On September 25, 1696 he got a seat in the Provincial Council of Pennsylvania, which he kept with some inter­missions till his death, and in October 1700 he was elected a representative of New Castle County in the General Assembly of the Province.

Iii October 1701, while a new Charter of Privileges for the colony was under consideration, the disagreement between the Provinces and Territories, which had lasted from 1691 to 1693, was renewed, and Yeates became conspicuous in the discussions as a supporter of the Lower Counties. Failing to carry their measures in the Assembly, the representatives of the Lower Counties withdrew from the House, and on October 14, 1701 appeared before William Penn in Council, with Yeates as their spokesman. Penn seems to have pre­vailed


60                                  JASPER YEATES


upon the two parties to maintain the unity of govern­ment, at least for a time, but on his departure for England in 1703 the representatives of the Lower Counties seceded, and formed a separate Assembly, Yeates being chosen Speaker. He continued to work for complete separation of the Lower Counties from the Province.

Secretary Logan, writing to Penn on January 5, 1709, alleges that his policy was dictated by interested motives ‘Jasper Yeates, a man of working brain for his own interest, found his trade at Chester to fall into a very discouraging decay,’ and therefore aimed at giving his property at New Castle the increased value which would result from that town being made the seat of an independent government.

Mr. Yeates was an original member of Christ Church, Philadelphia, and he was among the first vestrymen of St. Paul’s congregation at Chester. The church at New Castle called Immanuel was erected in 1703, and his name appears in the earliest extant lists of vestrymen of that parish.

Towards the close of his life he removed to a plantation near the town of New Castle, where he remained till his death in 1720. He left a valuable estate, real and personal. Mrs. Yeates survived her husband, by whom she had six children, four sons and two daughters, all of whom lived to grow up.

Anne Yeates, who married George M’Cahl on August 9, 1716, was born on December 27, 1697, and was thus quite young when her father removed from Upland to New Castle.


George M’Call, father of Mrs. John Inglis, was the son of a Dumfrieshire farmer, William M’Call, and emigrated about the year 1701. The M’Call family had been settled for several generations in Nithsdale, first at Guffockland, and afterwards at Kelloside, near Kirkconnel.¹

George M’Ca1l became a wealthy and prominent citizen of Philadelphia, and owned large estates in the city and


¹ Memoirs of my Ancestors, H. B. M’Call, pp. 8, 81, 106, 107.


GEORGE M’CALL       61


county, his town property being chiefly in Front and Union Streets, and near his store and wharf in Pine Street.

0n June 20, 1735 he bought from the Honourable John Penn the Proprietary’s manor of Gilberts, to which he gave the name of Douglas Manor. He paid 2000 guineas for this property, which covered 14,060 acres, and comprised the whole of the present township of Douglas, the upper portion of Pottsgrove, and about one-third of the borough of Potts-town. Down to 1760 all the old Hanover township, now known as the township of Douglas, was commonly called M’Call’s Manor.’ As early as 1725 George M’Call had, in company with Anthony Morris, erected an iron forge at Glasgow on Manatawny Creek.

Mr. M’Call was a vestryman of Christ Church, Philadelphia, from 1721 to 1724, and a liberal contributor to the rebuilding of the church in 1739.

He was elected a Common Councilman on October 3, 1722. He died on October 13, 1740, and was buried on the 15th in the Christ Church ground at Fifth and Arch Streets. The following obituary notice of him appeared in the Pennsylvania Gazette of the current week:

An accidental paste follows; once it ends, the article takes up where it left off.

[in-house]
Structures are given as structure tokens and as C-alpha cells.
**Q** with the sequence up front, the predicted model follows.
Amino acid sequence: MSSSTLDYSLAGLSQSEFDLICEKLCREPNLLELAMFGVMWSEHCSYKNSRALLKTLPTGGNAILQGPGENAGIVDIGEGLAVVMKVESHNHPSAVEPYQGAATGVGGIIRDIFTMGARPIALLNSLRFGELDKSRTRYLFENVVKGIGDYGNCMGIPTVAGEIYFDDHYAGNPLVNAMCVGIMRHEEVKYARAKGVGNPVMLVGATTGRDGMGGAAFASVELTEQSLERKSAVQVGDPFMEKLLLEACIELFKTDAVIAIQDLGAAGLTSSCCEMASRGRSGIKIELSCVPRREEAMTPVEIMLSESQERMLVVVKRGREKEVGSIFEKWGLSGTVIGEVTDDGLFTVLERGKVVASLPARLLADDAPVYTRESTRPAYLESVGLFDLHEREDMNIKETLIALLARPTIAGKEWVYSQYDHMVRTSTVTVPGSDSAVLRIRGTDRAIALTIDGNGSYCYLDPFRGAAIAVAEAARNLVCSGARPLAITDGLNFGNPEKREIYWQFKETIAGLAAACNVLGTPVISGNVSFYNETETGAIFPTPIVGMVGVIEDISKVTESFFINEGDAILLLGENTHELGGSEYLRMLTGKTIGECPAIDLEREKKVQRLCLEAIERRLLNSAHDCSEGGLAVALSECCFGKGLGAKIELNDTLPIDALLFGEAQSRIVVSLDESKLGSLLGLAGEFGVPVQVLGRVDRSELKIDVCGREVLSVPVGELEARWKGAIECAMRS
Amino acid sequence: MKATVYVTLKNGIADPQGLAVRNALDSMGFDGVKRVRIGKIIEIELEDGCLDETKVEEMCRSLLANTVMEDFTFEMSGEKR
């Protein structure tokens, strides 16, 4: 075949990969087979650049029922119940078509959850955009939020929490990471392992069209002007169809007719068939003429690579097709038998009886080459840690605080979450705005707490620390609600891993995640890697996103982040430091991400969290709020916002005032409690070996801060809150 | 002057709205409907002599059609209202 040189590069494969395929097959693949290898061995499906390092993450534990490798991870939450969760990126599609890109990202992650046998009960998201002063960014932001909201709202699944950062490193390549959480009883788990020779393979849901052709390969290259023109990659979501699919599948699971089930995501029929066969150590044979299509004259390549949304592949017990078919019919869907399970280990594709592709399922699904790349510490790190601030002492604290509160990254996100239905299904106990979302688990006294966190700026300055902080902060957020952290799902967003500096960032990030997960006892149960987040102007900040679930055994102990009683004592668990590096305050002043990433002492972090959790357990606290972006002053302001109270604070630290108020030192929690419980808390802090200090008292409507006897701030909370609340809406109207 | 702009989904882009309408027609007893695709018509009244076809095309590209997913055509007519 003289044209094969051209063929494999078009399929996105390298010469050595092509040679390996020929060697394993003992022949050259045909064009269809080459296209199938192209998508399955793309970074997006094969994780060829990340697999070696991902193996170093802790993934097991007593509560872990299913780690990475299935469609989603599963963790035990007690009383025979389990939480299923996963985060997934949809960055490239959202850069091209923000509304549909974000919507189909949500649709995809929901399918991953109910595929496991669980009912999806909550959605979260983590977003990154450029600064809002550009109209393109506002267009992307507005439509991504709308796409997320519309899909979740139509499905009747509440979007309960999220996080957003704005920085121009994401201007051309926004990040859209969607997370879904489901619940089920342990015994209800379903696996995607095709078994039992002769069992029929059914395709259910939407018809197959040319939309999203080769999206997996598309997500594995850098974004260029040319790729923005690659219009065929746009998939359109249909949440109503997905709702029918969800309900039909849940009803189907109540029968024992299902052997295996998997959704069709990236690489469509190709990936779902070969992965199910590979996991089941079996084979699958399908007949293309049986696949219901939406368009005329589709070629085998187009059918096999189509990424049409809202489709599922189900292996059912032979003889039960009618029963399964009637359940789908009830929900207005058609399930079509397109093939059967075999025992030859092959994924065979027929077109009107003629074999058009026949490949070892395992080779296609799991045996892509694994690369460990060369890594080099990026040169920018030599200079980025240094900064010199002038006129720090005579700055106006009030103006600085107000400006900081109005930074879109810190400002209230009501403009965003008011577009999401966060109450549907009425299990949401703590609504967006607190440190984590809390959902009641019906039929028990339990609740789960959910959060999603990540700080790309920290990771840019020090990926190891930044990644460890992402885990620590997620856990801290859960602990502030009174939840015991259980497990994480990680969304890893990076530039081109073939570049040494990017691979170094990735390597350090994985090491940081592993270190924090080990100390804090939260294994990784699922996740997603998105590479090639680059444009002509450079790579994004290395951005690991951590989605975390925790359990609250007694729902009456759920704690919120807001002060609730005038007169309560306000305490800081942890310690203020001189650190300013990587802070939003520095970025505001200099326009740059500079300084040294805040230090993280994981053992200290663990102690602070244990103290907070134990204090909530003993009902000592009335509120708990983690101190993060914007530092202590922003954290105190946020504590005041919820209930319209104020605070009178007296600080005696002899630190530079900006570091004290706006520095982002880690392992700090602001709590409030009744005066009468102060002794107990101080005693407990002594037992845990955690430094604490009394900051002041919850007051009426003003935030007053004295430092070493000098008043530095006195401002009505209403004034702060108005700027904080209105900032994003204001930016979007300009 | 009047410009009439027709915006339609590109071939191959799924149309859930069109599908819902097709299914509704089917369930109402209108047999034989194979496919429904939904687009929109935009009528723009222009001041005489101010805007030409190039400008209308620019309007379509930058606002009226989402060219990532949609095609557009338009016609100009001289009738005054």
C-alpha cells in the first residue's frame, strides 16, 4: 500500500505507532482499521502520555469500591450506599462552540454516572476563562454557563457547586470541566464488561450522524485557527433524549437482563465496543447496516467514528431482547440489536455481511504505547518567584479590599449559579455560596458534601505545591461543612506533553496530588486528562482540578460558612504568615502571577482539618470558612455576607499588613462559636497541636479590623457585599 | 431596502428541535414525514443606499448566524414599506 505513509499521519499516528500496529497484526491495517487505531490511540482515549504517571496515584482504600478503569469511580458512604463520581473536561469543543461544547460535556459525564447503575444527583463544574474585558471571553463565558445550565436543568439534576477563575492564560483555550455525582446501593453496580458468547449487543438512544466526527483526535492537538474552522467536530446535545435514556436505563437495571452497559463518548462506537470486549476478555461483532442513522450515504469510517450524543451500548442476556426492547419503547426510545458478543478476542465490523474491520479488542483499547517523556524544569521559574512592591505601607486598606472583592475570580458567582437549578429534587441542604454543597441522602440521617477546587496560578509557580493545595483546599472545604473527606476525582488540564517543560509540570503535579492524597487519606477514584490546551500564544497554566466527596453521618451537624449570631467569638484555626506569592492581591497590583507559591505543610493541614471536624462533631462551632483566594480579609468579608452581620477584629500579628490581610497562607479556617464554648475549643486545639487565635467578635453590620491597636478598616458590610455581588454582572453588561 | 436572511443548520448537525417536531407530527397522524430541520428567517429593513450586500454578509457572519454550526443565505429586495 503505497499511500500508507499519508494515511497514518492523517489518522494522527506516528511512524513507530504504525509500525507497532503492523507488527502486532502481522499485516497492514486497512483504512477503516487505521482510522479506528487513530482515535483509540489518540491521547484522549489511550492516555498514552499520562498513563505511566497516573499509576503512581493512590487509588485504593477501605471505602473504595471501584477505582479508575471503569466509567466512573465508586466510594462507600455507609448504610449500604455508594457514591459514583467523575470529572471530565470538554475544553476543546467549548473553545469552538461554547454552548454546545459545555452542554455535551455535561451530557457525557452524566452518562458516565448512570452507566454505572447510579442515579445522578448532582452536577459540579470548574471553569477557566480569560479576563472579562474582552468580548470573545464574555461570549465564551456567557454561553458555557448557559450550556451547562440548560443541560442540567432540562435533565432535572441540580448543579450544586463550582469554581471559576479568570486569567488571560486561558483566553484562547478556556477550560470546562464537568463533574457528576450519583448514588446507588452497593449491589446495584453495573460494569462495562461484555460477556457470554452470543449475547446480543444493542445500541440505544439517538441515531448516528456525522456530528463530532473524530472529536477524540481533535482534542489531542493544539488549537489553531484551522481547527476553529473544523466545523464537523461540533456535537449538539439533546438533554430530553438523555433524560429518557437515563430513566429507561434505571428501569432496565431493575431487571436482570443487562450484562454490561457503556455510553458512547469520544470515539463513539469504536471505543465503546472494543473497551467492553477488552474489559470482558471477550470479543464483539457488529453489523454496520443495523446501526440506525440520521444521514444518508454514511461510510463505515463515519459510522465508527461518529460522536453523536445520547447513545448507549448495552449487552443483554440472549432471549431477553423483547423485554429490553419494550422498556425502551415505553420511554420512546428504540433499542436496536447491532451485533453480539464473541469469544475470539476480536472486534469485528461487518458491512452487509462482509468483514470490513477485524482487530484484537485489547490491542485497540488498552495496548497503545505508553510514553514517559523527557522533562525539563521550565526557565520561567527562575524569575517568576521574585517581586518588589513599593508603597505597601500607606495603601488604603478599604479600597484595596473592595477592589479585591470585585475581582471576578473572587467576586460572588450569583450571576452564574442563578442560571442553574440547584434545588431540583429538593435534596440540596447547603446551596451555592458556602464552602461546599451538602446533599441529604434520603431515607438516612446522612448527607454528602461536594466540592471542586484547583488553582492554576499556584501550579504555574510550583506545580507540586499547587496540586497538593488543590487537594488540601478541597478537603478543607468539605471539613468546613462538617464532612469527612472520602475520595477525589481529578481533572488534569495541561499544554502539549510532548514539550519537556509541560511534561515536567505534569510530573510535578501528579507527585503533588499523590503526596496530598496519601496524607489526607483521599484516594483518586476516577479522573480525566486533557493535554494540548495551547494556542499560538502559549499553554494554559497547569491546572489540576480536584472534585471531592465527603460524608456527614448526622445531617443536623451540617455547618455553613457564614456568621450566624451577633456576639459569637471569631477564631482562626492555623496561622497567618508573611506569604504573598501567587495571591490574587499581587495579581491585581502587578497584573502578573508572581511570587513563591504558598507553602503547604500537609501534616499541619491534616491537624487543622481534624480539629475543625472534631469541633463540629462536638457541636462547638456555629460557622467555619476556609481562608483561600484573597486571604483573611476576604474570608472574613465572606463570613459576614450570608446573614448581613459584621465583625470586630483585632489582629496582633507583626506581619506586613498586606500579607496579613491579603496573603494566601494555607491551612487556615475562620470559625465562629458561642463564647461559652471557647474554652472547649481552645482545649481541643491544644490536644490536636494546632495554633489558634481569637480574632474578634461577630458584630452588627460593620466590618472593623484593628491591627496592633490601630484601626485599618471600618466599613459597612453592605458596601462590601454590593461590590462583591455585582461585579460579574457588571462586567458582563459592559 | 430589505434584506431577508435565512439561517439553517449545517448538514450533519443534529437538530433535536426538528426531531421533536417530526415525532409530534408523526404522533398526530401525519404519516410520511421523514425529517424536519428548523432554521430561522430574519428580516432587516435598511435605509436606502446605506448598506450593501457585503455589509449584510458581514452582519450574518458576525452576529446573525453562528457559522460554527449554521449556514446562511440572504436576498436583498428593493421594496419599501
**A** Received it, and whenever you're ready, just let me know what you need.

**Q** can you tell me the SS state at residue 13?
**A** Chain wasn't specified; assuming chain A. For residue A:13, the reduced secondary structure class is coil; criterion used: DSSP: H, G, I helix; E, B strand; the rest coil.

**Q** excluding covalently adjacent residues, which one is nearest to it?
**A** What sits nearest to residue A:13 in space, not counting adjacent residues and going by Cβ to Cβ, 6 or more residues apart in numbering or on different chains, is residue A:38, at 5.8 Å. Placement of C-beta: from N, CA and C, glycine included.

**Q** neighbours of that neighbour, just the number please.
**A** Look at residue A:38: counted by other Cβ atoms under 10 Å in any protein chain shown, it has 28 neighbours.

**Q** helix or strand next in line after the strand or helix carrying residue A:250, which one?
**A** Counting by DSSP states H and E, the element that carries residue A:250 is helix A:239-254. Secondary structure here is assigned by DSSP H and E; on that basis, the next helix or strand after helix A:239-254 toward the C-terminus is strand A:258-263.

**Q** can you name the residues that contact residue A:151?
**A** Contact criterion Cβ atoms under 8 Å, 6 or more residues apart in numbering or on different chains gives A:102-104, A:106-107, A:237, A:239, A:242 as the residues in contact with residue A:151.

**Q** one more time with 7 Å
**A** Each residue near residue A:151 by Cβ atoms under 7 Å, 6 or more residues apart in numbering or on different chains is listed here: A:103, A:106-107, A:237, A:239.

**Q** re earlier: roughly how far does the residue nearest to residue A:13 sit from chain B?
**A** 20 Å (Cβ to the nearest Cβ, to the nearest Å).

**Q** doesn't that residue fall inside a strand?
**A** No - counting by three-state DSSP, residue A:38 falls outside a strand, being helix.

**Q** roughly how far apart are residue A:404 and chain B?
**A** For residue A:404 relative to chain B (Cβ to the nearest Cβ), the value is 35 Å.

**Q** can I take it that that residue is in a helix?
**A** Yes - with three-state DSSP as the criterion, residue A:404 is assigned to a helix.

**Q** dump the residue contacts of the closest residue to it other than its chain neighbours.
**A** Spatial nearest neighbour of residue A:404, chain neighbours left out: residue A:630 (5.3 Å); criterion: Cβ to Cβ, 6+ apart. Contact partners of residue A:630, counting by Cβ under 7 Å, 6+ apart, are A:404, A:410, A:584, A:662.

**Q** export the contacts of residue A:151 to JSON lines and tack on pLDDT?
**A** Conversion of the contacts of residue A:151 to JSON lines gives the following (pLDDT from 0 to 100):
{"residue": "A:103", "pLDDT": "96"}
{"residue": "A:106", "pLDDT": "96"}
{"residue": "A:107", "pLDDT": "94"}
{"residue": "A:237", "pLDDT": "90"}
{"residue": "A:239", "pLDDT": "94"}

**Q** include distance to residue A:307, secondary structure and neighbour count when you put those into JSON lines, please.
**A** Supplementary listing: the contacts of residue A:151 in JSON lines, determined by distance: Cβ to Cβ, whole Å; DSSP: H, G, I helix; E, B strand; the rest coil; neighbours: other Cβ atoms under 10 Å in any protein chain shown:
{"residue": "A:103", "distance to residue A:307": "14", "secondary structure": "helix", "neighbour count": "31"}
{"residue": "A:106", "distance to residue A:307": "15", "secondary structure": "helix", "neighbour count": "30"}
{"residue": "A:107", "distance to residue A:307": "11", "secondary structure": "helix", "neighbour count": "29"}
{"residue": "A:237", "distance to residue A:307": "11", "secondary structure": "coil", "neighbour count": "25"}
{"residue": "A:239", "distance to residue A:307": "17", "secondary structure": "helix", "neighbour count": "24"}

‘Philadelphia. Last Monday evening died, after a long Indisposi­tion, Mr. George M’Call, a considerable merchant of this city, who in his Dealings justly acquired the Character of an honest, sincere, dis­interested, worthy Man; and with these good qualifications, better known to his Intimates and Relations to be a warm Friend, a tcndcr Husband, an affectionate Father, and a kind Master, whom he has left in the utmost Concern, all sensible of their irreparable Loss.’


Mrs. M’Call survived her husband, and was buried in Christ Church ground on January 16, 1747. They had fourteen children, ten of whom grew up, Cather­ine, who married John Inglis, being the eldest of the family. She was born in 1717 or 1718. The other daughters were Ann, who married her cousin Samuel M’Call; Mary (Mrs. William Plumstead) ;




Margaret (Mrs. Joseph Swift) ; and Eleanor, who married Andrew Elliot, afterwards governor of New York, second son of Sir Gilbert Elliot of Minto, Lord Justice-Clerk. The sons were Jasper, Samuel, George, William, and Archibald.


John Inglis, as has been already mentioned, settled at Philadelphia as a merchant about 1736, and started business in partnership with his wife’s cousin, Samuel M’Call. They seem to have dealt chiefly in hardware, and imported large consignments of iron goods from England and Scotland, especially from Bristol. They also conducted a rope-walk, and owned land and houses in Philadelphia and the neighbourhood.

John Inghis also owned some small ships,1 and was Collector of the Port for many years.

On November 11, 1745 he was elected a Common Council­man, and in 1750 and 1756 he was deputed to settle claims for horses and stores commandeered for the expeditions against Fort Duquesne.

He was one of the merchants who protested, but without effect, against the Act of Assembly passed in 1761 ‘for laying a duty on negroes and mulattoe slaves imported into this Province,’ their chief argument being ‘the many inconveniency’s the Inhabitants have suffered for somc time past for want of labourers and artificers, by numbers being inlistcd for His Majesty’s service, and near a total stop to the importa­tion of German and other white servants.’

John Inglis himself from time to time imported white servants from Scotland, and apprenticed them to various masters under indentures for a term of years, receiving about £18 a head.2


¹Pcnnsylvania Magazine of History and Biography, 1903—Ship Registers for the Port of Philadelphia, 1726-75; January 20, 1755; September 16, 1765.